12 Jul The Upward Spiral of Chaos~ an interview with Ranger Betty Reid Soskin
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At 95 years young National Park Ranger Betty Reid Soskin is a national treasure. Stationed at the Rosie The Riveter/World War II Homefront National Historic Park in Richmond, California she interprets the cultural narrative of life in America during one of the most turbulent periods in time. Drawing on her personal experience through the 1940s she offers a compelling look into the past that helps us to understand who we are today and chart a course toward a brighter tomorrow. As an African-American woman who endured and survived the racially motivated oppression of previous generations, Ranger Soskin offers young people of color especially the hope and motivation to become leaders and role models themselves in the future.
Ranger Soskin addressed a gathering of more than 200 young people of color at an event called the PGM ONE Summit in Berkeley, California. PGM stands for People of the Global Majority, an emerging new generation of black and brown people around the world who are mobilizing to achieve lasting social change. Much like those of her generation who rallied to confront the threat of foreign armies during World War II Soskin wants the young people of today to stand up against the rising challenges of the 21st century.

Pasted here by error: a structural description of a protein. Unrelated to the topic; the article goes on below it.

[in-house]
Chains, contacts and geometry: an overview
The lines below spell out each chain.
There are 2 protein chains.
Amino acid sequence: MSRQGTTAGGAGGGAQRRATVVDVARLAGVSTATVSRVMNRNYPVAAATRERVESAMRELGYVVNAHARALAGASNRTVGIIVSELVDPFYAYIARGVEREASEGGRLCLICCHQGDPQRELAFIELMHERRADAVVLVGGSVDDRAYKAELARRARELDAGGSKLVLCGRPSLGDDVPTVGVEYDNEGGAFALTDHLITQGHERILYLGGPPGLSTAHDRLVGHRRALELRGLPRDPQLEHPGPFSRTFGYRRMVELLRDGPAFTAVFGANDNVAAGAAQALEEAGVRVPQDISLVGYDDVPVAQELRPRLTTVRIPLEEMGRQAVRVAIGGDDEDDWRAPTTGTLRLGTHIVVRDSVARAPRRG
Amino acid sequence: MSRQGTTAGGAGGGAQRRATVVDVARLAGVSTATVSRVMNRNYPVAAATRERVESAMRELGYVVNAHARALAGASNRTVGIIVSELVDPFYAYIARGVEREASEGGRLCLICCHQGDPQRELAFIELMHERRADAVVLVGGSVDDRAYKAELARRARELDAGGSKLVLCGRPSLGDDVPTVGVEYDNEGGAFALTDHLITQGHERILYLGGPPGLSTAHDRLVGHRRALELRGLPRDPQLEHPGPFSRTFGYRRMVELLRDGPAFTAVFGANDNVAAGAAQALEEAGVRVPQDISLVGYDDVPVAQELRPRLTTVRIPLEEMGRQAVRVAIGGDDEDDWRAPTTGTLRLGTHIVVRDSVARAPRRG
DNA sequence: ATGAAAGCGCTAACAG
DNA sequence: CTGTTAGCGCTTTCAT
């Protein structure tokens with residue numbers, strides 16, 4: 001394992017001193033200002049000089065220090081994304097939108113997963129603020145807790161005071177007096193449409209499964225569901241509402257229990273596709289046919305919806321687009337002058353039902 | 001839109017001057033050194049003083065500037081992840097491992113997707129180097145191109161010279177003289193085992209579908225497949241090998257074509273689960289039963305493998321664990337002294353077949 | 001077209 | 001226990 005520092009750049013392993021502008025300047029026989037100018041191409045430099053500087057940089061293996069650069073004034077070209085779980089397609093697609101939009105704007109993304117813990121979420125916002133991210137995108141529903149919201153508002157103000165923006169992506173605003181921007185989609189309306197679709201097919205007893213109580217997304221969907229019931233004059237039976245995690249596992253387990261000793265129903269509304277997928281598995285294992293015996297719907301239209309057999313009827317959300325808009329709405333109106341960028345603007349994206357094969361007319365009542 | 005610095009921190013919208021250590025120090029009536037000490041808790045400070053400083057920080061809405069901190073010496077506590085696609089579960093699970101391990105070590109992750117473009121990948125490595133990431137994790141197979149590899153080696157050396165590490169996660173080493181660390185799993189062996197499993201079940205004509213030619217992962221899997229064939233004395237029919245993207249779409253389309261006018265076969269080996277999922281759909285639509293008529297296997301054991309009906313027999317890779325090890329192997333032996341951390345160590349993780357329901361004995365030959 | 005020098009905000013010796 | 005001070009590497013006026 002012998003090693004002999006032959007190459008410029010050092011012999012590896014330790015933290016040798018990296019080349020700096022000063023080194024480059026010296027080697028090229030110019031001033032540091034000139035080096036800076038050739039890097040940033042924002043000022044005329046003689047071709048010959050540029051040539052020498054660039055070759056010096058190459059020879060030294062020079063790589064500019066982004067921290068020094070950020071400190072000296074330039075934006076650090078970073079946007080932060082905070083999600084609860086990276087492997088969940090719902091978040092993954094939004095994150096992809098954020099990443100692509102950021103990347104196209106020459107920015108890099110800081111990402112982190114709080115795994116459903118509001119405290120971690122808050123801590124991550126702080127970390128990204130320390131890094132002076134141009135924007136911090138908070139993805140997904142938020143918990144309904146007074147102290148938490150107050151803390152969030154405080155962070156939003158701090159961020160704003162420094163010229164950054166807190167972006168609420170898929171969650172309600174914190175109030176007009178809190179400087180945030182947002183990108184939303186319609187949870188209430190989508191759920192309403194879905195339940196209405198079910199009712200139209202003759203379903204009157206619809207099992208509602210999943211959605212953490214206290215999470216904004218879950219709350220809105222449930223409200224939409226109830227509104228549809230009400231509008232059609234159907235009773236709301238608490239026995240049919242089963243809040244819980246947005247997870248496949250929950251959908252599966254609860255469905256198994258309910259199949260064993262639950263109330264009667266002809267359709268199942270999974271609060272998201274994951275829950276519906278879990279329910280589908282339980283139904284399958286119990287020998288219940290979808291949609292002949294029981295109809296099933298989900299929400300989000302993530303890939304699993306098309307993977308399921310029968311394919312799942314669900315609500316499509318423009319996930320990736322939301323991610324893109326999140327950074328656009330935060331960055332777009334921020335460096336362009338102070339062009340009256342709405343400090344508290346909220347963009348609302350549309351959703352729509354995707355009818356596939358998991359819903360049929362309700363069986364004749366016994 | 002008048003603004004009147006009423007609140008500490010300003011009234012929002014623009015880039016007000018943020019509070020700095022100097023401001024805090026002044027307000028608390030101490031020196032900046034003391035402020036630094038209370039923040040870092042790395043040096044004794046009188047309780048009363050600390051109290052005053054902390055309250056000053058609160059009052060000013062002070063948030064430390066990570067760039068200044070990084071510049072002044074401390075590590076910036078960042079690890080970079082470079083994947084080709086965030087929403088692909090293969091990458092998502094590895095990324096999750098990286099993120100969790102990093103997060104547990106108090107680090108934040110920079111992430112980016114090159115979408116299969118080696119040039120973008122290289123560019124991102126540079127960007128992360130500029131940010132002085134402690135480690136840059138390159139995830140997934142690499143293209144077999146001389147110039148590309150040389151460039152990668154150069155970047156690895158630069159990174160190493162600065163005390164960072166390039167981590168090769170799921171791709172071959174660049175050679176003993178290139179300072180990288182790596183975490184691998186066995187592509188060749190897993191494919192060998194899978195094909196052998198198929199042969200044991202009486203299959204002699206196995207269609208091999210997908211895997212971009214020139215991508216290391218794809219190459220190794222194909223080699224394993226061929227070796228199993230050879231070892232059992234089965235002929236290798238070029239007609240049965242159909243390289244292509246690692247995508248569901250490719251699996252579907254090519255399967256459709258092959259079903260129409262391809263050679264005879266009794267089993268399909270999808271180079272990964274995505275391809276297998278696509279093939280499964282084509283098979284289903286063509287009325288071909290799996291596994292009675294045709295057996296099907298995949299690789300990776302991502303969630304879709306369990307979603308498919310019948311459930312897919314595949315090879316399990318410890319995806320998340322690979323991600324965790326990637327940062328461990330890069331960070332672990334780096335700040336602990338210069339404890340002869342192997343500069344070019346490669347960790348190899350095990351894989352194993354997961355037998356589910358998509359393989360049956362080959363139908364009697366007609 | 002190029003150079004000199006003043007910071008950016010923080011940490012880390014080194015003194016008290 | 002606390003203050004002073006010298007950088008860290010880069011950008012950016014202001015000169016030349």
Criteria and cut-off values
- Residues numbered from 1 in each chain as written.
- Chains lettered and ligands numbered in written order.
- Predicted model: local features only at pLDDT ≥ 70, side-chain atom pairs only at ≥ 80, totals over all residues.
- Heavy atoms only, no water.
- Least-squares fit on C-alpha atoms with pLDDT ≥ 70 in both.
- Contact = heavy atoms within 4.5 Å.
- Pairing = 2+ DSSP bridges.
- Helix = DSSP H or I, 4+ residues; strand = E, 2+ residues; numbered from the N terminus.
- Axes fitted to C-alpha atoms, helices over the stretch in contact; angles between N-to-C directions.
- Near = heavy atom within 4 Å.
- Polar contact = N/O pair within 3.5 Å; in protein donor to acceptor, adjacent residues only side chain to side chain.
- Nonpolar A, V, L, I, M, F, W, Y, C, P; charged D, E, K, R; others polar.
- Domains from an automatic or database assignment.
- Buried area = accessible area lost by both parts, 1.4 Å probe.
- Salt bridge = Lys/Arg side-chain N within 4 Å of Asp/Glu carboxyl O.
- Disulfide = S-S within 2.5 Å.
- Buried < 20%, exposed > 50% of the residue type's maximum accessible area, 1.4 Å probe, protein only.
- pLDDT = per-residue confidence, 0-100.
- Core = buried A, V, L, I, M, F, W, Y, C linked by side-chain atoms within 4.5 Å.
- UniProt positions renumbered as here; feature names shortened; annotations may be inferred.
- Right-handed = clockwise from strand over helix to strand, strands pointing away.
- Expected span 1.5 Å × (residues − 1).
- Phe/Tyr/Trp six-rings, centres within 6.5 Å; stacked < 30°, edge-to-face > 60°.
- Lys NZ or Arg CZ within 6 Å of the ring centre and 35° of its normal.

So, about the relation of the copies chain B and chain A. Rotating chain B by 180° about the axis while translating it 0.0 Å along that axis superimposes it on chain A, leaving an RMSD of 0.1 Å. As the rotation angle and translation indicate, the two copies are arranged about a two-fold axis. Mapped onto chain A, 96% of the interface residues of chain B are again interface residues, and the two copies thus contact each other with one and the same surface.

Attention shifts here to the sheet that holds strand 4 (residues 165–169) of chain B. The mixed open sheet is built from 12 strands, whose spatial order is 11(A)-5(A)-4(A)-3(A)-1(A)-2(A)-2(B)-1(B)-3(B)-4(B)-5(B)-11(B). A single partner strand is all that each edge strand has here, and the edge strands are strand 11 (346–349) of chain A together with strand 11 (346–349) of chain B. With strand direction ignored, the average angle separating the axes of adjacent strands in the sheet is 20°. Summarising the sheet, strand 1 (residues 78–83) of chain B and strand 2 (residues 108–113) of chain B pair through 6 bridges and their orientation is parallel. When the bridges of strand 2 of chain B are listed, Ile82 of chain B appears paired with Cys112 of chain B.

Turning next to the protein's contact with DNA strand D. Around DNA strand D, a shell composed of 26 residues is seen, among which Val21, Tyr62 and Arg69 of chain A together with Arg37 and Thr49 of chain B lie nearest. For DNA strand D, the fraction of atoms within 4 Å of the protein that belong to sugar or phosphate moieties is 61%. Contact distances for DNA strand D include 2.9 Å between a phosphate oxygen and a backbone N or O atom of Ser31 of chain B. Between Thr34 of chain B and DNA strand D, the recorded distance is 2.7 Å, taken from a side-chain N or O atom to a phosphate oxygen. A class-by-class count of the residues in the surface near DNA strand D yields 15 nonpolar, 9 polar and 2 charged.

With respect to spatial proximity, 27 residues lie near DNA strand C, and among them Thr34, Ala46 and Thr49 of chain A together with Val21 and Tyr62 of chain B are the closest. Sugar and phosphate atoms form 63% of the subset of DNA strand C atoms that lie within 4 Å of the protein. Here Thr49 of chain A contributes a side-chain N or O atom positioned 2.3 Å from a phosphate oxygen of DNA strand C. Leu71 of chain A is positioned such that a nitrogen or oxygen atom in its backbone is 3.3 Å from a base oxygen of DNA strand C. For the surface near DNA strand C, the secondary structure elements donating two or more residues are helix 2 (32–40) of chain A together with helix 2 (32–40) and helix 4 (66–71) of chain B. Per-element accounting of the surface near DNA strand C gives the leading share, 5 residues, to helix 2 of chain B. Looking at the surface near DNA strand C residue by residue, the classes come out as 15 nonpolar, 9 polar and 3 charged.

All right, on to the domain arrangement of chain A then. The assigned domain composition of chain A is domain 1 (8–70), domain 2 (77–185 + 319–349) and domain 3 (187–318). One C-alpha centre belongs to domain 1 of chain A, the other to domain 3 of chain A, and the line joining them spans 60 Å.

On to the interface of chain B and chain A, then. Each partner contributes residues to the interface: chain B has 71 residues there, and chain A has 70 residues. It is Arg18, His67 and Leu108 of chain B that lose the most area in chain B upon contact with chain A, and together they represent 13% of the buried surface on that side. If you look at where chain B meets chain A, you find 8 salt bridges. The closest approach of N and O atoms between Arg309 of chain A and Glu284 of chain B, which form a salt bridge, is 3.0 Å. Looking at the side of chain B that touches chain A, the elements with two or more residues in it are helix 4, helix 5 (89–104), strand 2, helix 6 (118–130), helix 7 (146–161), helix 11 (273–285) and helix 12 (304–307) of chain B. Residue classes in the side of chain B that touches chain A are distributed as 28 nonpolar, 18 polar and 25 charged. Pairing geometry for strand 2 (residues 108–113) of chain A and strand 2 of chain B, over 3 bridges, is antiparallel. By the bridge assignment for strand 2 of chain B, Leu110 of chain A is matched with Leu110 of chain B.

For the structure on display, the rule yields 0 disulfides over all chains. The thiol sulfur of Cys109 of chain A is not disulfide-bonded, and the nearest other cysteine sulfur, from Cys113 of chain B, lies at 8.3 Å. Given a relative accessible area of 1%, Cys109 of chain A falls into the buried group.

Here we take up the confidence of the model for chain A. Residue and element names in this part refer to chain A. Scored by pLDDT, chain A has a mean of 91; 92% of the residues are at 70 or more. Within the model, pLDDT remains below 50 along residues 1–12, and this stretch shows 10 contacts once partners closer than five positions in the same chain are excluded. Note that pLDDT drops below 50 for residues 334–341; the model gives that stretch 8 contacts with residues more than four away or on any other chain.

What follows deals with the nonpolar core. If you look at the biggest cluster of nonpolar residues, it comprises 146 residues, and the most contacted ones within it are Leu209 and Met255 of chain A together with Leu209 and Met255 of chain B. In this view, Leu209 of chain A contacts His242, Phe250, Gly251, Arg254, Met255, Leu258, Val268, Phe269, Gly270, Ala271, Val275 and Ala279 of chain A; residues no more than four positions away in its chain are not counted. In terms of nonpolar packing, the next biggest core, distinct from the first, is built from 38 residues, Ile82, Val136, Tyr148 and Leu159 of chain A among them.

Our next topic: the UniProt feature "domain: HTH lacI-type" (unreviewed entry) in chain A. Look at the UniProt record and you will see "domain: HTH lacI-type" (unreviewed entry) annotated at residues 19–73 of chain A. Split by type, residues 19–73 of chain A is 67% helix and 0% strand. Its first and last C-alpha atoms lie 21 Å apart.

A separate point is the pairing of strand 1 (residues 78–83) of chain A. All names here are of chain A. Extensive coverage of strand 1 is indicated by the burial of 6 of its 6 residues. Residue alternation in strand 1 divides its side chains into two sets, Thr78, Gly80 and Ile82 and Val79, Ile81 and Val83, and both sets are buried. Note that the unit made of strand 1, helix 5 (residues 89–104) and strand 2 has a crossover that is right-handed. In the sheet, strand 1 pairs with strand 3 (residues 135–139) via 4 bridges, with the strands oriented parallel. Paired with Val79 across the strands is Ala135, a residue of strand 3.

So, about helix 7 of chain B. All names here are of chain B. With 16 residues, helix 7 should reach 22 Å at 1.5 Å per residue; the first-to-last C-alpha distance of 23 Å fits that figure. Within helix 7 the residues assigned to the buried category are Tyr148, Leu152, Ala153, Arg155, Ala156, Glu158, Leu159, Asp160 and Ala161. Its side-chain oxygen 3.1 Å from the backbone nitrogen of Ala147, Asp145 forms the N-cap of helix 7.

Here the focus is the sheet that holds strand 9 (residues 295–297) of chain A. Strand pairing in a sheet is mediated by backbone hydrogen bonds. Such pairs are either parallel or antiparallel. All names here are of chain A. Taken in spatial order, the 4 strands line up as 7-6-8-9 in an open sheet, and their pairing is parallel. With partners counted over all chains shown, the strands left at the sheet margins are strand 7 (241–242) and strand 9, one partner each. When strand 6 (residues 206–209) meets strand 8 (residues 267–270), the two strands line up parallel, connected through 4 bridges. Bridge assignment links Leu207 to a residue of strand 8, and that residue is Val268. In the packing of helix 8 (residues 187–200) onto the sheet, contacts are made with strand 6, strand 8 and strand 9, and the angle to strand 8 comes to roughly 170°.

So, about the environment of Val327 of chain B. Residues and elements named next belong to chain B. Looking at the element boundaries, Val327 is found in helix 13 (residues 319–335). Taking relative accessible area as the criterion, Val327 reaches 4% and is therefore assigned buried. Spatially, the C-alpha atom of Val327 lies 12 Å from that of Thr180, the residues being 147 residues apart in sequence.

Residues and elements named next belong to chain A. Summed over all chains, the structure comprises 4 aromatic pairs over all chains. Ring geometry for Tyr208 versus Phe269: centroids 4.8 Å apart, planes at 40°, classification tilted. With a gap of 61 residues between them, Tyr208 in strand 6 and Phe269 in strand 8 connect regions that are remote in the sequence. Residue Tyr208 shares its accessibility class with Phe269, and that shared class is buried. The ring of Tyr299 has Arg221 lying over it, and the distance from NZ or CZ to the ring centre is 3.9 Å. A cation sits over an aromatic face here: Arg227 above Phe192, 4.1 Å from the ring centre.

“I’ve live now for almost 96 years. And what I have learn in those 96 years is the fact that ever since 1776 my nation has experienced an upward spiral, ciclical periods of chaos,” Soskin said. “And it’s in those periods of chaos that democracy is redefined. We’re in another one of those now. Those periods provide opportunities to reset the buttons, allows us to redefine what demoncracy means. And to get on with the project of forming that more perfect union.”
After so many years of life experience in this country Ranger Soskin understands that the great experiment of democracy is an ongoing process. Like ascending a spiral staircase we wind our way round and round, getting higher and higher though we seem to find ourselves in the same place time and time again. And here we are back to once more test and redefine the integrity of American democracy. We’ve here before.
Right after her talk in Berkeley Ranger Soskin shared with me her thoughts on our history and the roles each us may play to protect the legacy of our future.
Music in this episode by Oren Tsor and Muted
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